They are only beginning to see that paying someone $6.50 an hour to mow your lawn is really not a bargain when that same person becomes 50 or 55 and has a bad back and they have to turn to the entitlement industry for health care, translators, education. They pay the taxes on that.

Q: Looking at California from back East, to a lot of people, this probably looks like just another "crazy-California" problem. There's always something wrong out there.

A: Well, there's something to that. Think about it. We have two great ports on the West Coast in Oakland and Los Angeles. We have the Silicon Valley, a wonderful tourist industry, the Sierra Nevada, a wonderful climate, the biggest agricultural industry in the world, natural resources from timber to oil, yet we're $38 billion in the hole. It's almost as if we took everything nature gave us and what our ancestors gave us -- wonderful freeways, universities -- and we ruined them.

The answer is that we were victims of our own therapeutic culture, our own misdiagnosis of human nature. We thought if we just allow people to have entitlements and we welcome everybody in, and we let each culture have their own political or cultural agenda, and we never judge anybody, and we never make hard choices, then everybody will get along.

The problem was, it turned out to be just the opposite. People are at each other's throat in California. The crime rate is high. The university system is in shambles. The primary schools that used to be the best in the country are among the worst. That was what the recall election was about: It was taking another look at the nature of man, human nature. Anybody from the other states would look at California's immigration policy and ethnic separatism and say, "Whatever they're doing, don't do it."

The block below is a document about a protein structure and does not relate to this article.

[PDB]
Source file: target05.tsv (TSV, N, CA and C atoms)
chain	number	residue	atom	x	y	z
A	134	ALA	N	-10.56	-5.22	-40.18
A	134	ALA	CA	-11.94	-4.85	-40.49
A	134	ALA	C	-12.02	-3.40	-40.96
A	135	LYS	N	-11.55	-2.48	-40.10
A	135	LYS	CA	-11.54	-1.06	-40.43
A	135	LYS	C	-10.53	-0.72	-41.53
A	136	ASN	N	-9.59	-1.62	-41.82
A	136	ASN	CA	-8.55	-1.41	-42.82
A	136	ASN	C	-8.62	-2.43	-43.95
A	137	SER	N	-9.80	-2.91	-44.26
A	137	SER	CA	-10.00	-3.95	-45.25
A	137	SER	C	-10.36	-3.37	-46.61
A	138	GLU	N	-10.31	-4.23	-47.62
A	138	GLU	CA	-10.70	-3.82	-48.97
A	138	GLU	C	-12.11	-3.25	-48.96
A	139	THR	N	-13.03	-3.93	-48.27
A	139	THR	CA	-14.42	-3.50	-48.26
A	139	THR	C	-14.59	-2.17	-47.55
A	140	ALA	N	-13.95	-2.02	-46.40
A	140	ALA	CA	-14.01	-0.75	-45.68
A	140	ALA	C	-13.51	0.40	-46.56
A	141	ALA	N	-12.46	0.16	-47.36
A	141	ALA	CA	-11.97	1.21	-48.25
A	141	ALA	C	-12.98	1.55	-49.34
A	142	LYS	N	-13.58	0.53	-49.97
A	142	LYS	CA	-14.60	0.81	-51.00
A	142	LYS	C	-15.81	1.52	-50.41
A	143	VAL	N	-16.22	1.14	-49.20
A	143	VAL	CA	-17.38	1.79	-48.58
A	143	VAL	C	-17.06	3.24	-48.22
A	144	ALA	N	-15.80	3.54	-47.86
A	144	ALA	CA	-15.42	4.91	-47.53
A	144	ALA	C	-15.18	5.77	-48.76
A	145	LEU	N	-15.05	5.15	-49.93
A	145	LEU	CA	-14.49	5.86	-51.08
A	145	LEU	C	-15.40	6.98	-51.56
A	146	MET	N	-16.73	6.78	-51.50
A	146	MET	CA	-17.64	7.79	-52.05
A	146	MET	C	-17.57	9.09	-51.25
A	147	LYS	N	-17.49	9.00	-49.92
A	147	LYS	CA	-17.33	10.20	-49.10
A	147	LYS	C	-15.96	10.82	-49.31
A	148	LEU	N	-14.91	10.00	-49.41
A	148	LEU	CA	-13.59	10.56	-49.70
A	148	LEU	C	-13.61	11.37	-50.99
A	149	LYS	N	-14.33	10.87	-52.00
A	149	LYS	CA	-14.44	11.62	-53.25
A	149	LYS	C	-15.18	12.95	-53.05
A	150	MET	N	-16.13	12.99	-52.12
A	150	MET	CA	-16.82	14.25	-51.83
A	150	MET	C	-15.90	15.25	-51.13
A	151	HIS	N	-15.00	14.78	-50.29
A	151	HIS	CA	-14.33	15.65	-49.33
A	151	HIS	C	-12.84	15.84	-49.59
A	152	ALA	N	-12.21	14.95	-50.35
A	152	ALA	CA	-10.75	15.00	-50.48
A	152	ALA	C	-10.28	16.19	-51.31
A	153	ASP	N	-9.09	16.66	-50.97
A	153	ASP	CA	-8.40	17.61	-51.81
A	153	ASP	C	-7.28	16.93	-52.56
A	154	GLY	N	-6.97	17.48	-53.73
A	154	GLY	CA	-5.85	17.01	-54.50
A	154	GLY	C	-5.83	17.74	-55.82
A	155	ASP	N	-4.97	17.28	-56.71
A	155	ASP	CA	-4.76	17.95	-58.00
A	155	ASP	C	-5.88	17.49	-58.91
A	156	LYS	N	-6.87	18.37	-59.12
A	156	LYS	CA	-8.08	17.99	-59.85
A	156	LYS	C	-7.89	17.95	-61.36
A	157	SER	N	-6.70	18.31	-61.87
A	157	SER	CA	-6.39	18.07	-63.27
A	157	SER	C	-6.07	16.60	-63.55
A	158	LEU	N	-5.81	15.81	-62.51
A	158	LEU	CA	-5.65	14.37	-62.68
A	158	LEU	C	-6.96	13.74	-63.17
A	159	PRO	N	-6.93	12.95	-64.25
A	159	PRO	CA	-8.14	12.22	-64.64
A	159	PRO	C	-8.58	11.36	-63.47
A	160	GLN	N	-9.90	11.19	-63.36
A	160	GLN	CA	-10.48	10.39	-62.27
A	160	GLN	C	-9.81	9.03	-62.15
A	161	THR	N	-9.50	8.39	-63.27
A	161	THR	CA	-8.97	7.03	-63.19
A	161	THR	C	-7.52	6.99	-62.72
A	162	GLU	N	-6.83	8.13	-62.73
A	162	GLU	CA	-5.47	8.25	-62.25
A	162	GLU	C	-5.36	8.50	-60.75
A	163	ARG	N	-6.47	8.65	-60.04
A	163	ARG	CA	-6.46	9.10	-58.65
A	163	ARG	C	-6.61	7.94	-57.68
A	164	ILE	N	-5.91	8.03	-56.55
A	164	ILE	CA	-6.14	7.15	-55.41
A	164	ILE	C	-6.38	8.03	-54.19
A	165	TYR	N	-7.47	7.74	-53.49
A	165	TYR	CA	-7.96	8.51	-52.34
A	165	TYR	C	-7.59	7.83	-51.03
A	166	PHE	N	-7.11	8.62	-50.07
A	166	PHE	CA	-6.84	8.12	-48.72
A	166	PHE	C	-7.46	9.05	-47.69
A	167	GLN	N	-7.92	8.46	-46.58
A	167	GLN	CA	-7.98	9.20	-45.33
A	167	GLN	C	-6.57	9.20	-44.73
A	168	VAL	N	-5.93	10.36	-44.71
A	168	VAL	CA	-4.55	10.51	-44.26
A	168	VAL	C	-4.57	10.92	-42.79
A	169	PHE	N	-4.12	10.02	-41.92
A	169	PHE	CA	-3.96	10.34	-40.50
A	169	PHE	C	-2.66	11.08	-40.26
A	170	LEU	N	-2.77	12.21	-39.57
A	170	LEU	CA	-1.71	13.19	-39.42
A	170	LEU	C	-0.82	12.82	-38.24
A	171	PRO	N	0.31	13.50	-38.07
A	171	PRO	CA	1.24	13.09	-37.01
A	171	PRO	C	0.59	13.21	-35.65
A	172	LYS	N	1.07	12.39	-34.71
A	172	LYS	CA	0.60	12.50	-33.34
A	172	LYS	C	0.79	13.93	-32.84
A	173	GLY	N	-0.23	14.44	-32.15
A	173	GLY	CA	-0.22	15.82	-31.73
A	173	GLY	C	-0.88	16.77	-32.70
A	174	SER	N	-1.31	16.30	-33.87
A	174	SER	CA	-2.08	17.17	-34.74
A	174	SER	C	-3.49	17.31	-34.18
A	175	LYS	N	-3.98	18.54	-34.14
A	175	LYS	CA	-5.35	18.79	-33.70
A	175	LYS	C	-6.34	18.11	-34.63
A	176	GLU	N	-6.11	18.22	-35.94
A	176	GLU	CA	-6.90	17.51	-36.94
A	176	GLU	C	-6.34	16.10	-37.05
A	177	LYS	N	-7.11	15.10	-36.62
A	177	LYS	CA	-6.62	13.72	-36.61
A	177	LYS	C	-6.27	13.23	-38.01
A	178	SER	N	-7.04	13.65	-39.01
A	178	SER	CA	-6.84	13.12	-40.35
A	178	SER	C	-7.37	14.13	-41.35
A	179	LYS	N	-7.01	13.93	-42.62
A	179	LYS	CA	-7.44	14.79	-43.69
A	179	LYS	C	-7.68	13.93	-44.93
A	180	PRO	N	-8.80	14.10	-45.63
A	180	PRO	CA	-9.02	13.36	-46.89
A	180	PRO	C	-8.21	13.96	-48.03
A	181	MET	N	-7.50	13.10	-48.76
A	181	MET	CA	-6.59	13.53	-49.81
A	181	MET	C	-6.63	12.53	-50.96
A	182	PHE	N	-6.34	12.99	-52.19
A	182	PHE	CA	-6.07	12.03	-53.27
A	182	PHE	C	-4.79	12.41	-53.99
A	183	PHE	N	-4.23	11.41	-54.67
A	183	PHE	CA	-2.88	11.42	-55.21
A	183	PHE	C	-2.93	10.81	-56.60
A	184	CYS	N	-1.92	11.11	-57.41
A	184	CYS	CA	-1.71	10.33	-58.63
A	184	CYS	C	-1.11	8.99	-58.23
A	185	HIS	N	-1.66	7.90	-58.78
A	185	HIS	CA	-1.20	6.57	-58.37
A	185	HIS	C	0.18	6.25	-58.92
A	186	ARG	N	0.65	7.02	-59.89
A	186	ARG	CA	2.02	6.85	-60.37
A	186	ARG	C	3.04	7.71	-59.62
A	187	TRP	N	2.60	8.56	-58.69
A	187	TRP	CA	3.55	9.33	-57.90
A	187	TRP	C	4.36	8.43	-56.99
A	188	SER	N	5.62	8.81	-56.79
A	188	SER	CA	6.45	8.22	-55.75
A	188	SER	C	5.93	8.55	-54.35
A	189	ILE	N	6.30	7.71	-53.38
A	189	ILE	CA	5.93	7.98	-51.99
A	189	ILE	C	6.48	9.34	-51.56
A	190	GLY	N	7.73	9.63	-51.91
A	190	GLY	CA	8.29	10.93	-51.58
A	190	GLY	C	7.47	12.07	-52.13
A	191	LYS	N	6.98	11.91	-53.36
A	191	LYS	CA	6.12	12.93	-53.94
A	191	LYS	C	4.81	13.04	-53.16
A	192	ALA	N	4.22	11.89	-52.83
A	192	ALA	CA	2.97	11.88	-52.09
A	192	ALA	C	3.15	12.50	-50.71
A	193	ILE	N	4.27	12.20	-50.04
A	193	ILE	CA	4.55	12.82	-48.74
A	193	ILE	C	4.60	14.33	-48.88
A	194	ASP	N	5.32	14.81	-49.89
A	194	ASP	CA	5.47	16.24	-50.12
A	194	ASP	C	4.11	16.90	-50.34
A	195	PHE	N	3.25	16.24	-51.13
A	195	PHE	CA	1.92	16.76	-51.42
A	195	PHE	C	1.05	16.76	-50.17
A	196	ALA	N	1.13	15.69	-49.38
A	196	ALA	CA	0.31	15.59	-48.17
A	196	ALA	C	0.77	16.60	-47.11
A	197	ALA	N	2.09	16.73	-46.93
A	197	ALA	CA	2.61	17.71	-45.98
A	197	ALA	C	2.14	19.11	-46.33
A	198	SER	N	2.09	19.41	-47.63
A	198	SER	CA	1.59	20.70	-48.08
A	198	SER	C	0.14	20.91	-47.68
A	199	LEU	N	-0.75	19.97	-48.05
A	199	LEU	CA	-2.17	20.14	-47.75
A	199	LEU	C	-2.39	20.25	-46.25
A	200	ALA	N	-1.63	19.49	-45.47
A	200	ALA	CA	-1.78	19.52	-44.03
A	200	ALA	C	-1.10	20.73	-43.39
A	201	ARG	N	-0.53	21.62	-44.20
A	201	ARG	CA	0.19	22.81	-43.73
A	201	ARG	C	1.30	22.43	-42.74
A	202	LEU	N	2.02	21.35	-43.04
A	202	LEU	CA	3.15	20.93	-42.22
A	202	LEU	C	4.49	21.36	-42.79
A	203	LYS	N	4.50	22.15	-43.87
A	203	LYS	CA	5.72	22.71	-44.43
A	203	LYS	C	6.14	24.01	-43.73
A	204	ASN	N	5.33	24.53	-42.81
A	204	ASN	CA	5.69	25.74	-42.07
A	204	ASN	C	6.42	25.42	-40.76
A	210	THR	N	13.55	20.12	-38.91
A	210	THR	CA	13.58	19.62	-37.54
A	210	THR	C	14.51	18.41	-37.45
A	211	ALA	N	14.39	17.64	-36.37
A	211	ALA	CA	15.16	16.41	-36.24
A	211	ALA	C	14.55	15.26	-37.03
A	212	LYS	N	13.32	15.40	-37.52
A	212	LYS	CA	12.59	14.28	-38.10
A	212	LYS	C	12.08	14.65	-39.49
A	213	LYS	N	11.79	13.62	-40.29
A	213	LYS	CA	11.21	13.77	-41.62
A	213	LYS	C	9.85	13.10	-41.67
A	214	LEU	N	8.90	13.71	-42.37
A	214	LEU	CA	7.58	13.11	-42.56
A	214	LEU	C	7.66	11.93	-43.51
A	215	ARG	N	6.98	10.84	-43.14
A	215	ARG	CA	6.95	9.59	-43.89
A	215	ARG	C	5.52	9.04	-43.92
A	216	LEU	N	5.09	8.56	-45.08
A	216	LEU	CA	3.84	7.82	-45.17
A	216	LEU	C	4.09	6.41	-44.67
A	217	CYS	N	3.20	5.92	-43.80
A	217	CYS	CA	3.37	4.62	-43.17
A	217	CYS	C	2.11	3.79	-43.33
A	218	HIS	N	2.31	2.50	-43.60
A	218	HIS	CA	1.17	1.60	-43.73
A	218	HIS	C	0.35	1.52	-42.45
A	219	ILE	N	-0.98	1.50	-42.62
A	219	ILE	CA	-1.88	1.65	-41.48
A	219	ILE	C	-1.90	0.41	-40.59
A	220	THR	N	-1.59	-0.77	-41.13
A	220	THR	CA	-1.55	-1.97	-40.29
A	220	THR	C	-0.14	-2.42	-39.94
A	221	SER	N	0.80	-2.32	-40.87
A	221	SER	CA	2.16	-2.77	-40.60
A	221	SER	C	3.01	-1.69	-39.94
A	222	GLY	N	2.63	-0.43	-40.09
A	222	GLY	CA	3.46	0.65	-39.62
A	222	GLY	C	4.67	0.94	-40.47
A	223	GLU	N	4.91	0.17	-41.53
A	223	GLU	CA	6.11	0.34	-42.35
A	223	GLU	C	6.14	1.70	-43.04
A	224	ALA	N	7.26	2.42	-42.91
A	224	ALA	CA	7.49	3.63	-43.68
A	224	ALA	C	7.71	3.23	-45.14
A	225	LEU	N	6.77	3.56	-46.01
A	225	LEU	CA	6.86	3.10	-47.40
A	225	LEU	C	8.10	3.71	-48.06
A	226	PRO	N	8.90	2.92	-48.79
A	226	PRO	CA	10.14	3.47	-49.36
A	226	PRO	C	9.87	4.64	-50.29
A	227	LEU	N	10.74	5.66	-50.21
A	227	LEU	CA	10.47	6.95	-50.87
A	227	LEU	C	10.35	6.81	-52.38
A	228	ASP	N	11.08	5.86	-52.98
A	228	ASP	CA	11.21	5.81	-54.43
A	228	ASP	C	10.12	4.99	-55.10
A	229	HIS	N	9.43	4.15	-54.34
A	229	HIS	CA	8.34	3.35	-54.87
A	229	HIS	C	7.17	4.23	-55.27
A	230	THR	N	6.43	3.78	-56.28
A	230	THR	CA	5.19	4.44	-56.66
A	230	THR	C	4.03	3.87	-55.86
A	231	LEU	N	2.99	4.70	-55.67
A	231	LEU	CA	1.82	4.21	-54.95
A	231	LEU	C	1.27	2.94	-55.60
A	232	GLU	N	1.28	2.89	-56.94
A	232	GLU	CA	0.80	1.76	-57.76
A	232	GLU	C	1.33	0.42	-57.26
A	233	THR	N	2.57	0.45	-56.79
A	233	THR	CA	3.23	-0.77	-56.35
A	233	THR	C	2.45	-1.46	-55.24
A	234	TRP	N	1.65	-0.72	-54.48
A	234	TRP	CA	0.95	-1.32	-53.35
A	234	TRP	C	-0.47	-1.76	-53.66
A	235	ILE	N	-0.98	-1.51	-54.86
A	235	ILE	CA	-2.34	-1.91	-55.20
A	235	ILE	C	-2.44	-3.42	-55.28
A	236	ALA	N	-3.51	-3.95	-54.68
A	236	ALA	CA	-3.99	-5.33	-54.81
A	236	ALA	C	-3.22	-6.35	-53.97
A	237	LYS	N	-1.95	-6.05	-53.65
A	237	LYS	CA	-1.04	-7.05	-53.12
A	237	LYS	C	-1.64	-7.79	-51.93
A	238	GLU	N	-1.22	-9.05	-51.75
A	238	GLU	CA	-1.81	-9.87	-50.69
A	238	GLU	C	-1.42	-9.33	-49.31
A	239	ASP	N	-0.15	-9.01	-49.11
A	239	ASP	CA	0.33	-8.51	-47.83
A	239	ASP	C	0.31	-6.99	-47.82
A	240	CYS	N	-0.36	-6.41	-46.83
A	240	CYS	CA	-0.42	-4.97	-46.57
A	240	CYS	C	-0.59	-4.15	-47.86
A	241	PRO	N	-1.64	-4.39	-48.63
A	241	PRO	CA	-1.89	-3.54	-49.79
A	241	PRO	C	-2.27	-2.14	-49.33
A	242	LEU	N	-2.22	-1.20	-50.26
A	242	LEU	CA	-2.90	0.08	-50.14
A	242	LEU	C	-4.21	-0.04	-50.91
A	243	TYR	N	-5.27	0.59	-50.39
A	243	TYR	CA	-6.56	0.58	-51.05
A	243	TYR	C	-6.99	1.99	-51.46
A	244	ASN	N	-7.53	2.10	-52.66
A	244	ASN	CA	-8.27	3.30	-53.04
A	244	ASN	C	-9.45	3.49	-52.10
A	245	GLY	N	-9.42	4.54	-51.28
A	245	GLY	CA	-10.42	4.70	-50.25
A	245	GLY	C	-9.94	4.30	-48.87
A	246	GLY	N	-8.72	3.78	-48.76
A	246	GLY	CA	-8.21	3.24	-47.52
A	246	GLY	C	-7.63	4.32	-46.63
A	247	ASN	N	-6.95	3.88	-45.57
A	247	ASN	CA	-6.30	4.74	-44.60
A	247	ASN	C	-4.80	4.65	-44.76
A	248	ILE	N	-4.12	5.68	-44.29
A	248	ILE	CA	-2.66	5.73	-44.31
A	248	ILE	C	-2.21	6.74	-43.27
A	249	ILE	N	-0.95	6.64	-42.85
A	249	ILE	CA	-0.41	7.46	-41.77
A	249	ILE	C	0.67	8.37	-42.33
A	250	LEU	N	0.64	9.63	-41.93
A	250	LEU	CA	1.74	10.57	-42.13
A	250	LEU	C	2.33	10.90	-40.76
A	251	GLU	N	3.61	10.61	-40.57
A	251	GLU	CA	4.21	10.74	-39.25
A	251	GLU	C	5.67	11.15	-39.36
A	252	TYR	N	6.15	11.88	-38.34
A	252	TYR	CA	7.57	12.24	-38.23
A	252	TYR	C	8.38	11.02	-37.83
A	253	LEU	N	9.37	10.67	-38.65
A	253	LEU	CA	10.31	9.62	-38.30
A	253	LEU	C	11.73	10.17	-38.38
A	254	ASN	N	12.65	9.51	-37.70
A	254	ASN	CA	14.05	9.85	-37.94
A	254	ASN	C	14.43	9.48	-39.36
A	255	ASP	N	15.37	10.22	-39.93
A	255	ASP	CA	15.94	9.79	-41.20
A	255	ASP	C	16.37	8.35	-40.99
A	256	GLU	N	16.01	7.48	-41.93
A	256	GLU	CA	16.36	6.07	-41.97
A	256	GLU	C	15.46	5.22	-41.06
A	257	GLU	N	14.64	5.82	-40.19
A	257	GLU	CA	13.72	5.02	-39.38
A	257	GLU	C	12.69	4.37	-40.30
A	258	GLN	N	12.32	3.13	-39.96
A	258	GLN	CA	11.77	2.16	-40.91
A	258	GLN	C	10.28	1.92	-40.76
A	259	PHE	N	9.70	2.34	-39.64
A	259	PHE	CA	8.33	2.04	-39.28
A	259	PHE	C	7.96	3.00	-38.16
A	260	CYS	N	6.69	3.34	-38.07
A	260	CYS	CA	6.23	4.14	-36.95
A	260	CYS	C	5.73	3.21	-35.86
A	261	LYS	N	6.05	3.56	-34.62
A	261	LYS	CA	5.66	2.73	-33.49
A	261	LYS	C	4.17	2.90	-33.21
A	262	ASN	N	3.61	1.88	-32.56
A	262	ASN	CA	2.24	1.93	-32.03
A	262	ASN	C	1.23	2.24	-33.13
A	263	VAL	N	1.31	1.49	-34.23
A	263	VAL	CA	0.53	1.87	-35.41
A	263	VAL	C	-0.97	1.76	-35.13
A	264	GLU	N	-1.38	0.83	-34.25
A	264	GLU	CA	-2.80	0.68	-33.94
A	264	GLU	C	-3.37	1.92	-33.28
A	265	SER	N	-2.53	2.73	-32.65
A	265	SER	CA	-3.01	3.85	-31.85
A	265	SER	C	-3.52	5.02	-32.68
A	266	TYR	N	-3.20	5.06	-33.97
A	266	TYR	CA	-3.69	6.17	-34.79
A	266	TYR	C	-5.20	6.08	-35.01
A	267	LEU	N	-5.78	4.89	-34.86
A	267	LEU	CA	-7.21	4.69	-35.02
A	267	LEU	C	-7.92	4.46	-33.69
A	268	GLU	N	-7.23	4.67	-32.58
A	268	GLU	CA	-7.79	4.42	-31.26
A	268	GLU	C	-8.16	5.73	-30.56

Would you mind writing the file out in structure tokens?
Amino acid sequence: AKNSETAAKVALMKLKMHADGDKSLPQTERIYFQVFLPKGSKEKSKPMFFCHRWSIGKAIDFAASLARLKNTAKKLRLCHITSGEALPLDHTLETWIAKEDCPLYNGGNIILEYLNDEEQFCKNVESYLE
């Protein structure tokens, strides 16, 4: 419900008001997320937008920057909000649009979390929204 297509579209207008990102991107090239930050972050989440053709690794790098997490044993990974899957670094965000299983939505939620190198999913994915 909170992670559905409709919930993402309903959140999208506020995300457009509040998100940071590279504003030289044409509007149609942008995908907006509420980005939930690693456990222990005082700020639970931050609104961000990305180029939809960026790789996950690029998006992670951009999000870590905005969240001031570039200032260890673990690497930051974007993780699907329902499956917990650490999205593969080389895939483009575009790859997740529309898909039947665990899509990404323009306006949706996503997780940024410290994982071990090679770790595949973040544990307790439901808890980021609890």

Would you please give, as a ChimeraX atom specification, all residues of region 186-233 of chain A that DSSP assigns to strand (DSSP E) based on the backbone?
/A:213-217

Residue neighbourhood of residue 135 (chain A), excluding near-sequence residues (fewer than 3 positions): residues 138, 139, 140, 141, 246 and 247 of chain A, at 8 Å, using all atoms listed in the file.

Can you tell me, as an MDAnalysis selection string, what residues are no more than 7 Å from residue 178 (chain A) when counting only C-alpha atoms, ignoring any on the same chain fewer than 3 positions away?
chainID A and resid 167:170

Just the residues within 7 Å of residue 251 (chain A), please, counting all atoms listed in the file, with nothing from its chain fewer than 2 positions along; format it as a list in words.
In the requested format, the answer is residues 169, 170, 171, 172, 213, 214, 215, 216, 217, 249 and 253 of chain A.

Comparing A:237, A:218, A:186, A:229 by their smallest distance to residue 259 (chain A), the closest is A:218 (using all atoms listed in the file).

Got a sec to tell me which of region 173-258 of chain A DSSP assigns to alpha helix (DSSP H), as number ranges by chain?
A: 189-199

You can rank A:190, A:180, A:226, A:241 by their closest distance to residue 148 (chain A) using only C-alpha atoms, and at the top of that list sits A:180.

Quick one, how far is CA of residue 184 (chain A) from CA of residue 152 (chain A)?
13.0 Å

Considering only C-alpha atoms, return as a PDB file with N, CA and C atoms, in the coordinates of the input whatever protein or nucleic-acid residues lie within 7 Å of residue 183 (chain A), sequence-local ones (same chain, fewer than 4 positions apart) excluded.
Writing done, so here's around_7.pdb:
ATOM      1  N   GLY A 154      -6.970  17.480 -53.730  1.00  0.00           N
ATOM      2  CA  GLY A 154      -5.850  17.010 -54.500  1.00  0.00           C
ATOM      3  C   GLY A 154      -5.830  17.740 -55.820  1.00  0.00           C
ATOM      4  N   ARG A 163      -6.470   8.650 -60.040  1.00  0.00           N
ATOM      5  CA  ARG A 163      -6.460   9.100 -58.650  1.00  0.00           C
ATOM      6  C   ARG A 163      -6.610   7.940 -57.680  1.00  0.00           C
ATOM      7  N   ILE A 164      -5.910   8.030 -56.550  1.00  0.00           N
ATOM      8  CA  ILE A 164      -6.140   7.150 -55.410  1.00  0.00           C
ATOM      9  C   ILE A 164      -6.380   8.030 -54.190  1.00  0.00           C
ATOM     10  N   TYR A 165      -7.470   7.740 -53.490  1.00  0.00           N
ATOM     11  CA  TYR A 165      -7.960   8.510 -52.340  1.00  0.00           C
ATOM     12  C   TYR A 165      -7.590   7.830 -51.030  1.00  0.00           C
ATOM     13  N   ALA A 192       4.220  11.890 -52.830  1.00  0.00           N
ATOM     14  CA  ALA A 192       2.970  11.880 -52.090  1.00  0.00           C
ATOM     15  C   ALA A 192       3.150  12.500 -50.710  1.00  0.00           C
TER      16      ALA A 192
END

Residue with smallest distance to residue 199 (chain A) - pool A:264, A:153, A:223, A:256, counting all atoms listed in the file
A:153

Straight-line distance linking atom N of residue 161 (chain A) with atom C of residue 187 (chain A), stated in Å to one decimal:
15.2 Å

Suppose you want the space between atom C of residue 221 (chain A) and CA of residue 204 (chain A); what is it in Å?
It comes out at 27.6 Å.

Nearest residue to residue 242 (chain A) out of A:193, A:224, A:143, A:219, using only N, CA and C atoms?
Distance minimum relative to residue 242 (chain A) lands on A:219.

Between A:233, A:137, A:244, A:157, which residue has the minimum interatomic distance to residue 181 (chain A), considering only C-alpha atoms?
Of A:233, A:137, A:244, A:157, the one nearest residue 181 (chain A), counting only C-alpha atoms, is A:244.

Q: Do you think either California or the federal government has the brains or willpower to implement a sound, humane immigration policy?

A: I do, because we used to have one. We never would have had this conversation in 1950. There was no conversation about a wall or a fence. It was very simple: If you came across the border illegally, you were deported. The employer was not to hire people who were here illegally. It's very simple to do, but it just requires a degree of courage.

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JWR contributor Bill Steigerwald is an associate editor and columnist at the Pittsburgh Tribune-Review. Comment by clicking here.

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© 2002, Bill Steigerwald